Baylor graduate founds first clinician meal support program in El Paso

Baylor graduate Vanessa Martinez launched the first clinician meal support program in El Paso, providing meals to health care workers through donations and support from local restaurants. Photo courtesy of Vanessa Martinez

By Sarah Pinkerton | Staff Writer

The Baylor family stretches far and wide and continues to show its support for those around them during uncertain times. Recent Baylor graduate, Vanessa Martinez, has become the founder and director of operations for “Feed the Frontline, El Paso”, the first clinician meal support program in her hometown of El Paso.

Announced Friday, the program will be delivering free meals to local hospital staff with food from restaurants in El Paso. The food will be purchased by donations and will support not only the hospital staff, but restaurant owners as well.

“Often healthcare workers are the ones sacrificing the absolute most and are now the ones facing this problem, daily, working long hours and either getting really stressed or just don’t have time in the environments that they’re working in,” Martinez said.

Cody Nethery, a 2019 Baylor graduate, serves as communications director as he works out of Baytown. Alex Plott, a 2017 Baylor graduate, serves as the program’s accounting consultant out of Washington, D.C.

Martinez initially asked friends, family and mentors to support the program and quickly raised $10,000 which will provide over 1,000 meals to health care professionals in the area.

She said that she was inspired to begin this kind of service as she will remain in her hometown of El Paso for the next foreseeable weeks amid the COVID-19 presence.

“I have friends and family who have parents who are nurses and doctors and so I really wanted to find a unique way to help at this time and it’s almost like were knocking out two birds with one stone,” Martinez said.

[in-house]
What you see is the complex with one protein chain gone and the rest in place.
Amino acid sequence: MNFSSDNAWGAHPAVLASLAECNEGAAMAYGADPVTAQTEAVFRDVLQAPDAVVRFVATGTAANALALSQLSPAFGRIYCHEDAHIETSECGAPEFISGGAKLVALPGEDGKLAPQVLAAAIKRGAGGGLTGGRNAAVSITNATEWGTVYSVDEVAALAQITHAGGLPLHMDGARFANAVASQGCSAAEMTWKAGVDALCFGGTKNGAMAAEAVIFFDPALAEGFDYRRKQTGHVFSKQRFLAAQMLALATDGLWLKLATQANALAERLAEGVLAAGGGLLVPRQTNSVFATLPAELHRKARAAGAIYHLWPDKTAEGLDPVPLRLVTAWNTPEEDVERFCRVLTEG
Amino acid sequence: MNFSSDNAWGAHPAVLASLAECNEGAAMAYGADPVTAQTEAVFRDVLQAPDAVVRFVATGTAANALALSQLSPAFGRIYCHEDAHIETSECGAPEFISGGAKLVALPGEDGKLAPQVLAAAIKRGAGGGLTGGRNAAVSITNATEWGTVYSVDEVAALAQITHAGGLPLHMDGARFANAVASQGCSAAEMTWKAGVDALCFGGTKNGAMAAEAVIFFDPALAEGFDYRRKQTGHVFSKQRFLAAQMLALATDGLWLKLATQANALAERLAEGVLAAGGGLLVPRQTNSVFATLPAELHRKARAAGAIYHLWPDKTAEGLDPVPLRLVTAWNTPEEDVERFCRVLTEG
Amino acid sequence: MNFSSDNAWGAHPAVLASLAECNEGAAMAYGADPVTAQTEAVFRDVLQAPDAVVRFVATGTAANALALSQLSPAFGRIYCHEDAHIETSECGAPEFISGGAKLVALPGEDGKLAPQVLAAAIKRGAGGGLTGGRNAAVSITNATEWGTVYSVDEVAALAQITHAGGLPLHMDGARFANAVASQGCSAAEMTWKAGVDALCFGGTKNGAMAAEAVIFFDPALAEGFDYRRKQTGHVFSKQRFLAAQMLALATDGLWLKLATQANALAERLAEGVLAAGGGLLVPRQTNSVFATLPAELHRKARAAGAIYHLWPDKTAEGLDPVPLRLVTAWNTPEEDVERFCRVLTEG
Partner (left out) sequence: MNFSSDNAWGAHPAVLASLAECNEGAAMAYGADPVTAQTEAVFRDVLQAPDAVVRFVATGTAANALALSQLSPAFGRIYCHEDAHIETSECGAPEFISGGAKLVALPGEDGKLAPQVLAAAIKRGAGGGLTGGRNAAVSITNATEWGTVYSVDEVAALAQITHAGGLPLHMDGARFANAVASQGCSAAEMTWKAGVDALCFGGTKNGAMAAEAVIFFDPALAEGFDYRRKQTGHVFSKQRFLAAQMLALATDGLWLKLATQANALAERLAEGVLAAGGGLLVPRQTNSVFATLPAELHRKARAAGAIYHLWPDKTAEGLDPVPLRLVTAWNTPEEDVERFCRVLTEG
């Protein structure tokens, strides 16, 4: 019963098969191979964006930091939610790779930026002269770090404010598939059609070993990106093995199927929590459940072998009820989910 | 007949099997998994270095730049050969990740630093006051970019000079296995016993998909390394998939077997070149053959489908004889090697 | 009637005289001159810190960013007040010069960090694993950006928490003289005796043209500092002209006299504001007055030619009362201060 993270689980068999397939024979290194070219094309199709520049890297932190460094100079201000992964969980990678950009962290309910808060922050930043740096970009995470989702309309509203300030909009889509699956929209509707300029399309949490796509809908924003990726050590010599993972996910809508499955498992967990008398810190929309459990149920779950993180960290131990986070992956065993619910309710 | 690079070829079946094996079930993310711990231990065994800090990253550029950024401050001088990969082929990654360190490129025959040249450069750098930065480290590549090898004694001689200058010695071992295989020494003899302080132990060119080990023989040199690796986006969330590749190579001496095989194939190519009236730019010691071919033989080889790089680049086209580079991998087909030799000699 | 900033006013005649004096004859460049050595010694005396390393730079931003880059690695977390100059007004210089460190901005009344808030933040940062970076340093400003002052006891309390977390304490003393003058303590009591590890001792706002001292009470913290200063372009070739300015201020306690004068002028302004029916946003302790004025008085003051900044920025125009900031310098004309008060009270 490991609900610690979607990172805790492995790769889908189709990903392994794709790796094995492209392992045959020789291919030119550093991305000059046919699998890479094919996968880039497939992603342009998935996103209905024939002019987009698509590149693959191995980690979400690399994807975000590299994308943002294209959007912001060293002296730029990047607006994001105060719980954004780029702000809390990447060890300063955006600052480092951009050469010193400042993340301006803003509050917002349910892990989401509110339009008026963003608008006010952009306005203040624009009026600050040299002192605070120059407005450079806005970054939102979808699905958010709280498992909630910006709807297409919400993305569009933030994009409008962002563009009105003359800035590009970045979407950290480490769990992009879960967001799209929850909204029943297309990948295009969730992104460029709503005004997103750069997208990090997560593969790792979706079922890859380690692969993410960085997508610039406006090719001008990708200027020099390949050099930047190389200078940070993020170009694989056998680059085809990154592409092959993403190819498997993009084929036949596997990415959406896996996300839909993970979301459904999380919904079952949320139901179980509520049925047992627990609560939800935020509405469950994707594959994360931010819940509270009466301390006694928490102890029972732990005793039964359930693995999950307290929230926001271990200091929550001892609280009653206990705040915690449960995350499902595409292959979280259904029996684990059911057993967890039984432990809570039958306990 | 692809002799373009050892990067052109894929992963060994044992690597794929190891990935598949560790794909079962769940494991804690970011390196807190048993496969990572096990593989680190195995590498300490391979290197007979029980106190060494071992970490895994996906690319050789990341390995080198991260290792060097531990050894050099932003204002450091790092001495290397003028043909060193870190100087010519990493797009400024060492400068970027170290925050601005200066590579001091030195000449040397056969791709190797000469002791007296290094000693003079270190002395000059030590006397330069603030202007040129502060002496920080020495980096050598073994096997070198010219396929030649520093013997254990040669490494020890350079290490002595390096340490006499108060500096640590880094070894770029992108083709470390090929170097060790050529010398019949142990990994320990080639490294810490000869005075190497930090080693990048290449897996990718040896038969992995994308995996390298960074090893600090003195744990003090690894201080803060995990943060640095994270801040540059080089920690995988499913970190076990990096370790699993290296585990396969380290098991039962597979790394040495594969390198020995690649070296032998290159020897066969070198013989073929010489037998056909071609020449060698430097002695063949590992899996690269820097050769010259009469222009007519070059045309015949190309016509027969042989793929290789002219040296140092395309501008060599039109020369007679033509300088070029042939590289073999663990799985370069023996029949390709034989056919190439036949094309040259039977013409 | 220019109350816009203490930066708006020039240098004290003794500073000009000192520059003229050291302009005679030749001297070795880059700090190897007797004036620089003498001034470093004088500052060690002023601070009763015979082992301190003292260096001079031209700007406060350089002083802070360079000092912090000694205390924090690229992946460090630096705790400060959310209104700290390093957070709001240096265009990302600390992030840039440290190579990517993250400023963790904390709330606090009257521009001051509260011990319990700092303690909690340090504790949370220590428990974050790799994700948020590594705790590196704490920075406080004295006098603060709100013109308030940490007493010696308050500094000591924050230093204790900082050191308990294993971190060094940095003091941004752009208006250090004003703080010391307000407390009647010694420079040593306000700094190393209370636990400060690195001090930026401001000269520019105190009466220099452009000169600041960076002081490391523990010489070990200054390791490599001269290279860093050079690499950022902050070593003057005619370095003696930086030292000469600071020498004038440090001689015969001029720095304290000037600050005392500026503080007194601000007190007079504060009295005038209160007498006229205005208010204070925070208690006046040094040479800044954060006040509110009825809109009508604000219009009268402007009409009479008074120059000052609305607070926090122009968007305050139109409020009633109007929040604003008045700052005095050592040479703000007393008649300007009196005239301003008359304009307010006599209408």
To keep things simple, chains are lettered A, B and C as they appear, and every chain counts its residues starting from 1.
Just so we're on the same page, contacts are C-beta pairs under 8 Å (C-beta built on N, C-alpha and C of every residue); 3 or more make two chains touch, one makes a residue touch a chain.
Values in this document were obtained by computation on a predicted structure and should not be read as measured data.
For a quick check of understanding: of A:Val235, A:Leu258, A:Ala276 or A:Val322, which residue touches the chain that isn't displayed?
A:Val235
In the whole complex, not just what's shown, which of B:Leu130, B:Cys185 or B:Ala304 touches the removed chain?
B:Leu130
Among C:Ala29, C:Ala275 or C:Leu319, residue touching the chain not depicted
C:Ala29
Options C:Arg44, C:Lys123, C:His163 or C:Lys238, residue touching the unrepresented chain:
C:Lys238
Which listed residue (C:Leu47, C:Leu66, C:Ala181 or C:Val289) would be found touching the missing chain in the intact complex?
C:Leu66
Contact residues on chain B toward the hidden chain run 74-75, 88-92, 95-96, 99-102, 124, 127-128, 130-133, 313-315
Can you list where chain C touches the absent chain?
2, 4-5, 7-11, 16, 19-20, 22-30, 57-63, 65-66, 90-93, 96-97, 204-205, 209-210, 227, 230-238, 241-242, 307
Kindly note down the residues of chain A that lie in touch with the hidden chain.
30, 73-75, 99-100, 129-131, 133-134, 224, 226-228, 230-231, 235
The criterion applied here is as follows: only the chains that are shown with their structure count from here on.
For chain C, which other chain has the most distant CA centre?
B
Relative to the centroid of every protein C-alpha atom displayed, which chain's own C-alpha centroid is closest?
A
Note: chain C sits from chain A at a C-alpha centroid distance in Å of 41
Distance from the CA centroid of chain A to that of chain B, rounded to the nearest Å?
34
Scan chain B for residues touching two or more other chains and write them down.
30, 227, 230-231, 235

The first meal delivery took place April 2 at The Hospitals of Providence East Campus with meals provided by The Holy Grail, a local bistro. Restaurants in El Paso are able to complete an online form if they would like to become a partner in the program.

“It was a complete success,” Martinez said. “It was wonderful on both ends. The restaurant that we first supported was extremely grateful for the initiative that we’ve began. They’re excited to have a recurring business plan with us now that they’ll be able to deliver these meals.”

Alfrank Catucci of the Holy Grail said they prepared and boxed 50 orders.

“It was amazing, well organized,” Catucci said. “We just got the order from them. We ran the orders, boxed the orders, prepared the orders and got them ready to go.”

She also said that the health care workers feel equally as blessed by the organization.

“They’re excited about it and they really hope that the community steps up and supports them in this way as well.” Martinez said.

Martinez earned her undergraduate degree in international business and entrepreneurship at Baylor with a minor in political science in May 2019. She is now in the process of applying to earn a Juris Doctorate degree and a Masters of Business Administration dual degree.

She was also a member of Chamber throughout her time at Baylor and served as Chamber president during her senior year.

Martinez has interned for attorney general Ken Paxton in Austin and also had a fellowship in Houston with Governor Greg Abbott where she worked on policy issues.

She said that Baylor was a transformative experience for her as it enlightened her career goals and life path.

“I’m thankful for everything I learned,” Martinez said. “I took a philanthropy course at Baylor with Dr. Andy Hogue and that gave me really a lot of the knowledge and tools that I’m able to put into place now.”

Those involved with the initiative have been seeking out restaurants and businesses that need the most help and are taking requests to see where they can have the greatest impact.

“We’re matching them with the hospitals and departments that could benefit most from these meals as well,” Martinez said. “In your hometown when you see a small business suffering, that’s the last thing you want to see so if there’s any way that you can be able to provide for a family that has a business, this is like a lifeline for them as well.”